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NAFTA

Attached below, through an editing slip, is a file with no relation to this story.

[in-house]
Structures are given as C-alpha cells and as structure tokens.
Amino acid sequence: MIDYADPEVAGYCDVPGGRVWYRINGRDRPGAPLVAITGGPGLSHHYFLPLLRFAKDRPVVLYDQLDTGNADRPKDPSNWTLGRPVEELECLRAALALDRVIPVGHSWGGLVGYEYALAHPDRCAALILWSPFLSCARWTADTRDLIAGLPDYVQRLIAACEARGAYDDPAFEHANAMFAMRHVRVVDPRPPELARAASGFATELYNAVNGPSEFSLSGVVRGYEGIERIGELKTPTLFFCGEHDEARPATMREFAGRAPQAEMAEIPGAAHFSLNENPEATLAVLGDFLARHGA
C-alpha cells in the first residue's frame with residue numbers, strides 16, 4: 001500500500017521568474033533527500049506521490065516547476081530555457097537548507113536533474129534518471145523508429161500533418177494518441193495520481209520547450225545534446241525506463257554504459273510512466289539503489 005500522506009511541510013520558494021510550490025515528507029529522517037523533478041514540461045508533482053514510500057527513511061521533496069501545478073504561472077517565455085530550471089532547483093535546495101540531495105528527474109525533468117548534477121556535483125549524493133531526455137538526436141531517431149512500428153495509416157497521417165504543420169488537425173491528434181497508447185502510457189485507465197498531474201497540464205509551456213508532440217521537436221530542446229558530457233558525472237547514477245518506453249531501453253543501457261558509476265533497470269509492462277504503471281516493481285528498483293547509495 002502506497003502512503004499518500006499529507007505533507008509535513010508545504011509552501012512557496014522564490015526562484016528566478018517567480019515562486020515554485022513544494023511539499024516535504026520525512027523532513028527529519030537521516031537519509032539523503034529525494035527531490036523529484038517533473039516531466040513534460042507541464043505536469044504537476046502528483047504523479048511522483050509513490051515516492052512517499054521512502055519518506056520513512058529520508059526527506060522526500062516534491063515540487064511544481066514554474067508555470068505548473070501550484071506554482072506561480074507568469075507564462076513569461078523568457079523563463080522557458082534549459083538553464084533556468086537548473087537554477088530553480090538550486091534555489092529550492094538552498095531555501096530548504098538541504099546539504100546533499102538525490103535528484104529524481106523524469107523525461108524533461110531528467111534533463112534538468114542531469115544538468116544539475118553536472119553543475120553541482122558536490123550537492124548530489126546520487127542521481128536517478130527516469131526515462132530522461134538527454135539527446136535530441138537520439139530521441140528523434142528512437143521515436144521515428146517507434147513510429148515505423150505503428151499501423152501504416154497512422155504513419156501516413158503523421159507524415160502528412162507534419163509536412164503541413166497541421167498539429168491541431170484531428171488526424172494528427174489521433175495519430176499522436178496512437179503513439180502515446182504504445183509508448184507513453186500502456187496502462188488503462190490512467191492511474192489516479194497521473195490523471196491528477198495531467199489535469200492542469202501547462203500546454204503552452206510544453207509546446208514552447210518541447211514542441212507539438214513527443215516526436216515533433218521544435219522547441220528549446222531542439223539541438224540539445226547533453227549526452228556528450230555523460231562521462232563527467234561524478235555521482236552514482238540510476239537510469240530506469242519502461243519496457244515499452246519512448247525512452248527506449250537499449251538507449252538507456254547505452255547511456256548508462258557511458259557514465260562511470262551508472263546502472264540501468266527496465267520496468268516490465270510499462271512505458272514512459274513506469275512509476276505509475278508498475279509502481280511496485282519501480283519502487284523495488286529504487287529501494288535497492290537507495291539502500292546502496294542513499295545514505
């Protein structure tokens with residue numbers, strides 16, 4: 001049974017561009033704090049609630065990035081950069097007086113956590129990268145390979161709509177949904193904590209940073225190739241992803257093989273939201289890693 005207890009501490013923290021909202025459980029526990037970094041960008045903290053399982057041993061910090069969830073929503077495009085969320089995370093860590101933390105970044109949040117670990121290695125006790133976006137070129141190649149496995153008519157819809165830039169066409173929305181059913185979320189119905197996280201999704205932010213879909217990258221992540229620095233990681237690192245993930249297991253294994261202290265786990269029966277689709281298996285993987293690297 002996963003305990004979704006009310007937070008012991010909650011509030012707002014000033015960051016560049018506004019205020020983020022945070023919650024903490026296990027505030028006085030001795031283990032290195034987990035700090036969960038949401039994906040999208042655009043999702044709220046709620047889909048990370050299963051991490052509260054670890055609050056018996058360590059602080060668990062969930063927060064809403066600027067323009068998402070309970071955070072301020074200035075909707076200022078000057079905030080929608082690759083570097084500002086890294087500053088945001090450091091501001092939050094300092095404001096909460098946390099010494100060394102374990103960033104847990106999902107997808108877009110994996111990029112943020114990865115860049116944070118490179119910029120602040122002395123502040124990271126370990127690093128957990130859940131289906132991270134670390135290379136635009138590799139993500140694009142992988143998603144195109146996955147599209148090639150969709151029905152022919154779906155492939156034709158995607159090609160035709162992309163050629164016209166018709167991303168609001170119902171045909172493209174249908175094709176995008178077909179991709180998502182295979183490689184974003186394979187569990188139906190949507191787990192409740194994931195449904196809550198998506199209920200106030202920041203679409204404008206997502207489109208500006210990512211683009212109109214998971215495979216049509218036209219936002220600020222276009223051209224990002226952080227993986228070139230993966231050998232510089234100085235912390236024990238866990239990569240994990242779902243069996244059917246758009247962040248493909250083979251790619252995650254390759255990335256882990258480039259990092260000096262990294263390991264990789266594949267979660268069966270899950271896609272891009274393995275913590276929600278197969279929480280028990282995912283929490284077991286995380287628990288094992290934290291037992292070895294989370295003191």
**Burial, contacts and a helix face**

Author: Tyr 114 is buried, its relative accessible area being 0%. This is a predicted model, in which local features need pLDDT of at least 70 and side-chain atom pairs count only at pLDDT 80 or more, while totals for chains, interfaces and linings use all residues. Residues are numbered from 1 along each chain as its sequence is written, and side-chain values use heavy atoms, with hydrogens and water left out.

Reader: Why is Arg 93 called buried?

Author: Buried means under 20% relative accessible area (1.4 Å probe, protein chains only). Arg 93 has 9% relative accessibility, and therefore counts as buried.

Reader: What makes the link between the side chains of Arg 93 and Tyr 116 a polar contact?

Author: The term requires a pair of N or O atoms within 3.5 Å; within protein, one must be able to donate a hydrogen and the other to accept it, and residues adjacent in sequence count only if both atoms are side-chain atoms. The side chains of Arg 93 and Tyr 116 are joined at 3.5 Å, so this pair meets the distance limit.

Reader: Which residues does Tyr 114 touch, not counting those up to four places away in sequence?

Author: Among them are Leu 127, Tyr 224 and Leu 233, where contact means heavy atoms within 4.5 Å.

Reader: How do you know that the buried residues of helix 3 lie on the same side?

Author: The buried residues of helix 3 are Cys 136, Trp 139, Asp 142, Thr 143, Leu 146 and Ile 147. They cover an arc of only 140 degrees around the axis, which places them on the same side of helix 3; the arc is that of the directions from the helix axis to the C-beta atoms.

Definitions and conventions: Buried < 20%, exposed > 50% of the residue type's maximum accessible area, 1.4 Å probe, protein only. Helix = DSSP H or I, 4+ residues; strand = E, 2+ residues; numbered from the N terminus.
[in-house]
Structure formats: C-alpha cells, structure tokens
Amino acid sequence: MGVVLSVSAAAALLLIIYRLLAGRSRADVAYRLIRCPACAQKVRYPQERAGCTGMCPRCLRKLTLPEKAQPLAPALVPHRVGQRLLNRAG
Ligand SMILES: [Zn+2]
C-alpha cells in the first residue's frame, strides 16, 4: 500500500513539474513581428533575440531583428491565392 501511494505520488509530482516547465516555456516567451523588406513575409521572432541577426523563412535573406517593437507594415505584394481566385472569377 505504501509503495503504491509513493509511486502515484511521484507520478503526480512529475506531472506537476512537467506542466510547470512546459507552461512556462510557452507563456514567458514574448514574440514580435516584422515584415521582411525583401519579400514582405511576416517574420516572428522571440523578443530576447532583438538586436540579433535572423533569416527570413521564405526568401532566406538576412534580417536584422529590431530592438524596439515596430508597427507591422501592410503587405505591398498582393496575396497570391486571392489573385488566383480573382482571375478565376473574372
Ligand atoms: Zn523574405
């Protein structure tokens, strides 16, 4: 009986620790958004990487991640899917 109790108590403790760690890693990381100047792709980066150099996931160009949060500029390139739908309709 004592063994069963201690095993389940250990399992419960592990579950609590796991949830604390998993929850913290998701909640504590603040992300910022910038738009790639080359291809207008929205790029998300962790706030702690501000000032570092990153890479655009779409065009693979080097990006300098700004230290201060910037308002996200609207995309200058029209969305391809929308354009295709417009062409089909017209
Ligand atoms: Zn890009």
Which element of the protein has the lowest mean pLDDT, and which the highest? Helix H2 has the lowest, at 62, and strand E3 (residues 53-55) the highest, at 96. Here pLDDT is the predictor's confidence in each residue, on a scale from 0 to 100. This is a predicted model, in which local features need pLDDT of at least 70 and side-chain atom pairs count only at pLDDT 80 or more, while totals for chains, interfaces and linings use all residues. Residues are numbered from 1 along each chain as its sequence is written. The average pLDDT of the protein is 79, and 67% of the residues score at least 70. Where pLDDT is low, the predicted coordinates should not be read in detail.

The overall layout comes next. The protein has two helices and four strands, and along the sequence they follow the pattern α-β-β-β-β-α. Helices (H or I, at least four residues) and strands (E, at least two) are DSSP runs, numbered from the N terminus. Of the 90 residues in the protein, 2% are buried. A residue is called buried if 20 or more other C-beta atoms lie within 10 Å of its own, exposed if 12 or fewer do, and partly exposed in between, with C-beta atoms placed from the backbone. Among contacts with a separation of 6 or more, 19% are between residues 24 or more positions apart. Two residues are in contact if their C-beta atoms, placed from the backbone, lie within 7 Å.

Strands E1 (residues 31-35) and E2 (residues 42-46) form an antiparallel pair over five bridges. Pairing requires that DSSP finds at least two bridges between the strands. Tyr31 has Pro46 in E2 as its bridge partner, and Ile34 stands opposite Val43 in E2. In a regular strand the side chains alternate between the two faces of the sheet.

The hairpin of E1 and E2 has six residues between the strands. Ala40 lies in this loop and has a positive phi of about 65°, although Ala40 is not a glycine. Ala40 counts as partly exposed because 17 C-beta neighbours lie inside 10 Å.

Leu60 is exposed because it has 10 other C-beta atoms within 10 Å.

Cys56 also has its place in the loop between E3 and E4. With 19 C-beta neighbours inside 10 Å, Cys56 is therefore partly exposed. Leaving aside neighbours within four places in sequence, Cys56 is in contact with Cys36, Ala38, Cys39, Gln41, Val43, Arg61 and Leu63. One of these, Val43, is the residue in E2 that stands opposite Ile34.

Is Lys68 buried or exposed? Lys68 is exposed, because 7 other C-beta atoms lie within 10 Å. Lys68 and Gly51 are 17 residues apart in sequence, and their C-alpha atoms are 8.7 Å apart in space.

The NAFTA is the North American Free Trade Agreement (NAFTA), which was enacted in 1994 and created a free trade zone for Mexico, Canada, and the United States. It has been replaced by the USMCA Agreement in 2020. The United States-Mexico-Canada Agreement (USMCA) entered into force on July 1, 2020. The USMCA, which substituted the North America Free Trade Agreement (NAFTA) is a mutually beneficial win for North American workers, farmers, ranchers, and businesses. The Agreement creates more balanced, reciprocal trade supporting high-paying jobs for Americans and grow the North American economy. Agreement highlights include:Creating a more level playing field for American workers, including improved rules of origin for automobiles, trucks, other products, and disciplines on currency manipulation.Benefiting American farmers, ranchers, and agribusinesses by modernizing and strengthening food and agriculture trade in North America.Supporting a 21st Century economy through new protections for U.S. intellectual property, and ensuring opportunities for trade in U.S. services.New chapters covering Digital Trade, Anticorruption, and Good Regulatory Practices, as well as a chapter devoted to ensuring that Small and Medium Sized Enterprises benefit from the Agreement. Disclaimer Our content is not in any way legal advice or binding. The information provided by might not be the official legal or full definition. Also when pursuing a specific transaction you are encouraged to conduct your own due diligence and to consult legal counsel as appropriate.

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